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Opinion >  Column

100 years ago in Spokane: A talking skull, a disembodied voice and a phantom-like doll spooked a correspondent until he learned the science behind the tricks

 (Spokane Daily Chronicle archives )
(Spokane Daily Chronicle archives )

A correspondent was shocked by what he saw at the big Electric Show, a six-day exhibition in Spokane.

A skull, resting on a black pedestal, asked him “the time of day” and asked how the correspondent “liked the show.”

In another aisle, a contraption seemed to be distilling “as many knockout drops of moonshine as one could desire.”

In another aisle, a Kewpie doll seemed to shimmy and shake – but when he grasped the doll, it was not moving at all.

Finally, an exhibition guide explained it all.

The skull was talking through a novel use of the “wireless telephone.”

The “still” was distilling water for use in batteries, not moonshine.

The Kewpie doll was “shimmying” because of an optical illusion caused by cleverly arranged light.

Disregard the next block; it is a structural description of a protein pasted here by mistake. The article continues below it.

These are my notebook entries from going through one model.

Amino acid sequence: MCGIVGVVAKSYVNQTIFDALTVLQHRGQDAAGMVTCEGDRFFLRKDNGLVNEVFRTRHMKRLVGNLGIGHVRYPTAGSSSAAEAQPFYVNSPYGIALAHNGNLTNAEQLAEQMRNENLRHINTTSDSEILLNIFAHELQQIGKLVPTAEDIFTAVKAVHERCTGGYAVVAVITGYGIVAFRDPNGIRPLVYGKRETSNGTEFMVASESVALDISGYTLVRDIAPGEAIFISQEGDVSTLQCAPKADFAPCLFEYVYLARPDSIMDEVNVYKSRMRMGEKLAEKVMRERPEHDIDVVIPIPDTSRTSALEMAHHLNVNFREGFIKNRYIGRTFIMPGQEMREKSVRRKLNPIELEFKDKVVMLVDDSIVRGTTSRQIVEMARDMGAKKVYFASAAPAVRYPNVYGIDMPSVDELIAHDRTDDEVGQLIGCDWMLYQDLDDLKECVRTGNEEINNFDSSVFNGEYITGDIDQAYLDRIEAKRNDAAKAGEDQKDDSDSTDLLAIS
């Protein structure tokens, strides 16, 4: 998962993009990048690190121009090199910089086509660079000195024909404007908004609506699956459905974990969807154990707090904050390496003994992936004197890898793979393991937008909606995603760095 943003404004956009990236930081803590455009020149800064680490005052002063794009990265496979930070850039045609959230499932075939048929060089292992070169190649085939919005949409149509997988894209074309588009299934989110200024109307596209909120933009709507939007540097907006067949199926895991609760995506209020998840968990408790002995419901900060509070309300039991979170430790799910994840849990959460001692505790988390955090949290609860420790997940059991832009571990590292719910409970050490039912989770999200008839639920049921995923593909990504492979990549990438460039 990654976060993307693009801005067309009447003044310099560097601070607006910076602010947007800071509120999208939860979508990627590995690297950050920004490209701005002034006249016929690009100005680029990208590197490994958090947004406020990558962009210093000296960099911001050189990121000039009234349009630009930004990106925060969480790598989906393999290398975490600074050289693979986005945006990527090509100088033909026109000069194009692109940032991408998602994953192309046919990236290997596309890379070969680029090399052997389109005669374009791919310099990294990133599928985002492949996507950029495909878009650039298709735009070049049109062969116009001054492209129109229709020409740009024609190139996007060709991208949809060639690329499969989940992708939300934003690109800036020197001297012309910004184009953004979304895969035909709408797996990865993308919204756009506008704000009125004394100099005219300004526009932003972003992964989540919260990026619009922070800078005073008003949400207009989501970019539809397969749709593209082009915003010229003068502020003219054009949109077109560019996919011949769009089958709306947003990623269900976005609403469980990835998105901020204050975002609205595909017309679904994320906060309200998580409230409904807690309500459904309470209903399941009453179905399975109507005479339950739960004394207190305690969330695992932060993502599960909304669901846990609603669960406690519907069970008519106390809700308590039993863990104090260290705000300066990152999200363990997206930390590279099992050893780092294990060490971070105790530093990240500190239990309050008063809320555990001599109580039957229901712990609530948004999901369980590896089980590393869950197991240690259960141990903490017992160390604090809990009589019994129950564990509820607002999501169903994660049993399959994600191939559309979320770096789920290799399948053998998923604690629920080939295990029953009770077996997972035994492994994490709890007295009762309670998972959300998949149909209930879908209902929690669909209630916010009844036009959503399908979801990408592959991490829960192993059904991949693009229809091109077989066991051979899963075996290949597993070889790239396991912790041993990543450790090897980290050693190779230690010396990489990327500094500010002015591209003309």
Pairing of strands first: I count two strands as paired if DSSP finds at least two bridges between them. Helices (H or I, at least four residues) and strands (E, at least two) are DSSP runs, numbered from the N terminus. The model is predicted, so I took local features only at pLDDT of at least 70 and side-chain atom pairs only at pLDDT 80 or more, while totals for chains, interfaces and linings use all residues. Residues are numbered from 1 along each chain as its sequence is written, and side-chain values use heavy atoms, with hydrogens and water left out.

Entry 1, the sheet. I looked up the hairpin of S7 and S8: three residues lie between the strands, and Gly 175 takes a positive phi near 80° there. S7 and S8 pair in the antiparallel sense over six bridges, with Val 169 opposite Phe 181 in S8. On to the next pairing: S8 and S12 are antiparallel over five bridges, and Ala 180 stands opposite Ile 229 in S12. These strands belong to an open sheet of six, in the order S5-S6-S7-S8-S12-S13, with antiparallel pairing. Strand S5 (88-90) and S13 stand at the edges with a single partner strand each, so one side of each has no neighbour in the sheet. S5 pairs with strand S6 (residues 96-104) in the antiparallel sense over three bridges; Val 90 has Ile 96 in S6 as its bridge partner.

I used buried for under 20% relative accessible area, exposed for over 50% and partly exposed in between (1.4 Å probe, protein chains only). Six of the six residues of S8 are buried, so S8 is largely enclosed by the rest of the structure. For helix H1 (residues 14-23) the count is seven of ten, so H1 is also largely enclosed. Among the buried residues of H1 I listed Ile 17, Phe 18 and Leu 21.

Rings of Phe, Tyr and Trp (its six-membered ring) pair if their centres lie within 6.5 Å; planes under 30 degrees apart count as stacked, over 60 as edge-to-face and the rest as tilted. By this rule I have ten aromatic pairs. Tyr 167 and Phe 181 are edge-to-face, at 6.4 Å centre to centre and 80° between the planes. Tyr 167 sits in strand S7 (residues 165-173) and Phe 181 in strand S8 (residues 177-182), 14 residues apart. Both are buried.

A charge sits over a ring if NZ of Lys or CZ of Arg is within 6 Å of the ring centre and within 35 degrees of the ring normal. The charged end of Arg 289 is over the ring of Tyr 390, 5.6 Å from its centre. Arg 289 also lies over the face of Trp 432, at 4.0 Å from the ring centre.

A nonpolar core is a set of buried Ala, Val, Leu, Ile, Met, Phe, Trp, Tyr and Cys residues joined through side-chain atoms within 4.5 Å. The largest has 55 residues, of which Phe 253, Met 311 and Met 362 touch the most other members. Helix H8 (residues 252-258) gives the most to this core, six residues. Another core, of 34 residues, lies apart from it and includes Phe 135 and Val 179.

The “wireless telephone” also created a sensation at the beginning of the show.

Mayor Charles Fleming gave his opening speech remotely, from the offices of the Western Electric Company.

“Mayor Fleming’s voice was distinctly heard in all corners of the big showroom and his words were loud and distinct.”

This was a hint that, in 1921, the age of radio was right round the corner. Amateur radio equipment was on display, able to capture music “sent out by the wireless telephone from San Francisco.”

Most of the show was devoted to displays of labor-saving appliances such as washing machines, dishwashers and vacuum cleaners.

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